Making Marmalade with Hannah Woolley

This post presents the third recipe from a series of updated recipes that I developed for the Folger Shakespeare Library exhibition, First Chefs: Fame and Foodways from Britain to the Americas (on view Jan 19–Mar 31, 2019). You can also find a version of this post on the Folger’s Shakespeare and Beyond blog.

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Photo by Teresa Wood

Citrus and sugar: What could be more precious than marmalade?Oranges and other citrus cultivars come from the mountainous parts of southern China and northeast India. They were prized for their beauty, scent, and medicinal properties in this region long before Europeans saw, smelled, or tasted an orange. As Clarissa Hyman writes in Oranges: A Global History, “In India, a medical treatise c. AD 100 was the first to mention the fruit by a term we recognize today. Naranga or narangi derives from the Sanskrit, originally meaning ‘perfumed from within’” (10). The three original citrus cultivars were the citron (prized for its thick, fragrant peel), the pomelo, and sour oranges, called China or Seville oranges in early modern England. Easily hybridized, these three cultivars are the origin of all modern citrus varieties. Soldiers returning from the Crusades brought citrons and sour oranges home with them. In the early modern period, sweet oranges, sour oranges, lemons, citrons, and exotic varieties like bergamot and blood orange were widely cultivated in Southern Europe and by wealthy gardeners who build special hot houses, or orangeries, further north.

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Photo by Teresa Wood

Shakespeare provocatively references oranges in his often troubling comedy Much Ado About Nothing. Claudio is misled by Don John into believing that his betrothed, Hero, has been unfaithful. In a fit of anger, he sends her back to her father calling her a rotten orange: “There, Leonato, take her back again. / Give not this rotten orange to your friend” (IV.i.29-30). Earlier in the play, witty Beatrice likens Claudio himself to an orange in lines that foreshadow Claudio’s jealous rage. She calls him “civil as an orange, and something of that jealous complexion” because, like the “Seville” orange referenced in her pun on “civil” he can be sweet or sour, loving or jealous (II.i.287).

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Photo by Teresa Wood

In 1493, on his second voyage to the Americas, Christopher Columbus brought bitter oranges to Haiti (Hyman 19). Oranges thrived in the Caribbean, and by the late seventeenth century, the time when Hannah Woolley was rising to prominence as a Restoration lifestyle guru, American oranges were being shipped to Britain. This influx of oranges reduced their price and made oranges accessible to a larger portion of the population. Nell Gwynn sold oranges and sweets to theater-goers before she became an actress, and before she became the mistress of King Charles II. Naval bureaucrat and diarist Samuel Pepys writes about buying a whole box of China oranges on 16 February 1659/60. The popular London tune has the bells of St. Clement ringing out “oranges and lemons” when ships laden with citrus docked in the harbor (Hyman 90-1).

Woolley’s marmalade captures the flavors of exotic citrus while it’s fresh, and she can only do so through the preservative power of sugar–now also widely available to upper- and middle-class British people for the first time. Kim Hall’s work on sugar and status in the early modern era rightfully insists that women’s aspirational confectionary work deeply implicated them in the labor conditions of enslaved people of African and Caribbean descent who worked in orange groves and sugar cane fields halfway around the world. It is only these global systems of exploitative labor and overseas shipping that would allow an accomplished lady to prepare a citrus marmalade.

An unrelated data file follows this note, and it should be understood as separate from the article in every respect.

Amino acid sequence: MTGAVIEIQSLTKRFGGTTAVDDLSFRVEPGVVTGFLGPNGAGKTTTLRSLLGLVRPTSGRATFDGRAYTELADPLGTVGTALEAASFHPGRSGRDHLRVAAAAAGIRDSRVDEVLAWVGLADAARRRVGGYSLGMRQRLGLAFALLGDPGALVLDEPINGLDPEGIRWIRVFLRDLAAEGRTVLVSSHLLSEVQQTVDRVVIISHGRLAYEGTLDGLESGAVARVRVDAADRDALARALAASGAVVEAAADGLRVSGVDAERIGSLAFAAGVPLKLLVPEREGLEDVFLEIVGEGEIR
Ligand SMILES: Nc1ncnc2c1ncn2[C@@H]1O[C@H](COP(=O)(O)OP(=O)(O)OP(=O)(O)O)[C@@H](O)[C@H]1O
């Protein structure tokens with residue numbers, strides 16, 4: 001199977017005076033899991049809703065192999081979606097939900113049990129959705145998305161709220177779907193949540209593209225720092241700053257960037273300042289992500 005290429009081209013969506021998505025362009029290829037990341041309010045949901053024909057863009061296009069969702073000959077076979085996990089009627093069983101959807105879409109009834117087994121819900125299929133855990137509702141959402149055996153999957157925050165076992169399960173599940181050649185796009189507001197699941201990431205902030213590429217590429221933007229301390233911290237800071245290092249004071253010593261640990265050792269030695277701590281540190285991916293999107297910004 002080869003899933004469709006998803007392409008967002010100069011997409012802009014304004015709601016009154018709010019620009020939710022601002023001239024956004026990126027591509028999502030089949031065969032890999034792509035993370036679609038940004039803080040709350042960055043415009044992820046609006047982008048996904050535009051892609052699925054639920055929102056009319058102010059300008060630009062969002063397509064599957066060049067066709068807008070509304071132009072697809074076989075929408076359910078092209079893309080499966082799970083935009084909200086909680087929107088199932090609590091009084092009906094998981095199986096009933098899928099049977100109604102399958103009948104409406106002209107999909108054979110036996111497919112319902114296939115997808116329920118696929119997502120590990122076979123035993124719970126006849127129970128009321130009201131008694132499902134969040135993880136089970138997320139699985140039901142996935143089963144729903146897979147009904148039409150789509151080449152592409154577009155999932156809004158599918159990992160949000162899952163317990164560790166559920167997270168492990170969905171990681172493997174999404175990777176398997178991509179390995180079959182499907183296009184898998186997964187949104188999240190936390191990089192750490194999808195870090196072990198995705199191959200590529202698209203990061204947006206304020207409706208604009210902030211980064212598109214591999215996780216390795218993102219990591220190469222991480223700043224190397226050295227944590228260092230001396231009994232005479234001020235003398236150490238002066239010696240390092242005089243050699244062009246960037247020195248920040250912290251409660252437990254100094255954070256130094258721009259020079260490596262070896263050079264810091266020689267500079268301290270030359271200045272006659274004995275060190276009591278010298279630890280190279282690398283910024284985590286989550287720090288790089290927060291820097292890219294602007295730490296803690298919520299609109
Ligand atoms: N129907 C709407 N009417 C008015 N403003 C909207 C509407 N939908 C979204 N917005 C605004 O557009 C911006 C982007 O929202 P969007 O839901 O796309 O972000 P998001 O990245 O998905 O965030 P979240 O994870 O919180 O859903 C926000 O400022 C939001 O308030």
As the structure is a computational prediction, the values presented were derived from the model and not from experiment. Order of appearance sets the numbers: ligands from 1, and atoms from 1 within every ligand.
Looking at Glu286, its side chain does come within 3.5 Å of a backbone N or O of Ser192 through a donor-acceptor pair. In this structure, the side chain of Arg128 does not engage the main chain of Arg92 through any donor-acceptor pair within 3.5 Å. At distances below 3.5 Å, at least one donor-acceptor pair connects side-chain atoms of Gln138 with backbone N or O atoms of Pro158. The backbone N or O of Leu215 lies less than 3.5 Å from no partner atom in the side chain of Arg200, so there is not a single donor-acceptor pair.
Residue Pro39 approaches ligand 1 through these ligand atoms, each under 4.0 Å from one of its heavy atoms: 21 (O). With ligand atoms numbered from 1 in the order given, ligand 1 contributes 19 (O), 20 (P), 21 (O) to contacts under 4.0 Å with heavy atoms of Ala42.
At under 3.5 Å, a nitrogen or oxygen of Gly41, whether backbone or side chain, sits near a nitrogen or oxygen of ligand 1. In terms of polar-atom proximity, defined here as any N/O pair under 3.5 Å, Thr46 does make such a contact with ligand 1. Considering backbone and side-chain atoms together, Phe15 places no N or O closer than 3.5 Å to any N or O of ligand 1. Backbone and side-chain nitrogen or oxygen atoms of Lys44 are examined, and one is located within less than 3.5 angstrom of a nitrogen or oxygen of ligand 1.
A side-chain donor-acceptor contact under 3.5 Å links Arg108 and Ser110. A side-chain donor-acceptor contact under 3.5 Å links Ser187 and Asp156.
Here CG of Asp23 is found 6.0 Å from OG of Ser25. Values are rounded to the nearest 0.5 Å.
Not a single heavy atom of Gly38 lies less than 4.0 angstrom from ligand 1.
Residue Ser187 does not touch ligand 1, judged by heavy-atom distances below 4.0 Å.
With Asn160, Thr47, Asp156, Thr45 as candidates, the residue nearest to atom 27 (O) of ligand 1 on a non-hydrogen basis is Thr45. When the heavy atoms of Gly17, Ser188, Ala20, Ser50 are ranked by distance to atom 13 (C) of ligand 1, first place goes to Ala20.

The accomplisht ladies delight is a work which took advantage of Hannah Woolley’s fame and popularity. This book was published in 1684 after Woolley’s death and capitalized on the success of Woolley’s Queen-like closet, first published in 1670 to great fanfare. However, the book’s recipe for marmalade is rather similar to marmalade recipes in The Queen-like Closet, a work that we can confidently attribute to Woolley.

To make Marmalade of Lemmons and Oranges. You may boyl eight or nine Lemons or Oranges, with 4 or 5 Pippins, and draw them through a strainer; then take the weight of the pulp altogether in Sugar and boyl it as you do Marmelade of Quinces, and so box it up. (A9r)

Boil citrus to soften it; boil pippins (or apples) to add pectin, sweeten and preserve using sugar; store carefully. Making marmalade takes time and attention. Now, at least we can use a candy thermometer to determine when the mixture has hit an ideal temperature instead of only watching the sugar change color and texture. A crucial “plate test”—seeing if preserves stay solid on a cold plate—was part of Woolley’s marmalade recipe in The Queen-like Closet,and it’s an important step in my recipe as well. Spread your marmalade on hot toast or a warm baked good and enjoy.

INGREDIENTS

1 orange
1 lemon
1 apple
Sugar (3+ cups)
Water (4+ cups)

EQUIPMENT

Baking scale
Candy thermometer

PREPARATION

Weigh the fruit on a scale. Measure out an equal weight of sugar. If less than a pound of fruit, use 4 cups of water. If more than a pound of fruit, increase to 5 cups of water. Cut the citrus into slices 1⁄8 inch thick and then quarter them. Peel, core, and cut the apple into thin slices. Put the fruit and water into a 3 quart saucepan. Cover and bring to a boil. Lower to a simmer for 40 minutes. Put a small plate in your freezer. After 40 minutes, gently stir the fruit. The apple slices will be soft and should break down when touched. The citrus fruits will have softened. Place your candy thermometer in the pot. Add the sugar, stirring constantly as the fruit breaks down, the mixture thickens, and the marmalade takes on a light caramel color. Cook until the temperature reaches 240°F (soft ball stage or candy height). As your marmalade nears temperature, put 1 teaspoon on the freezer plate and let sit for 30 seconds. If the marmalade holds its shape when you tilt the plate, it has set. If the marmalade is browning quickly or looks set before the temperature reaches 240°F, try the plate test earlier. Put your set marmalade in a clean pint jar.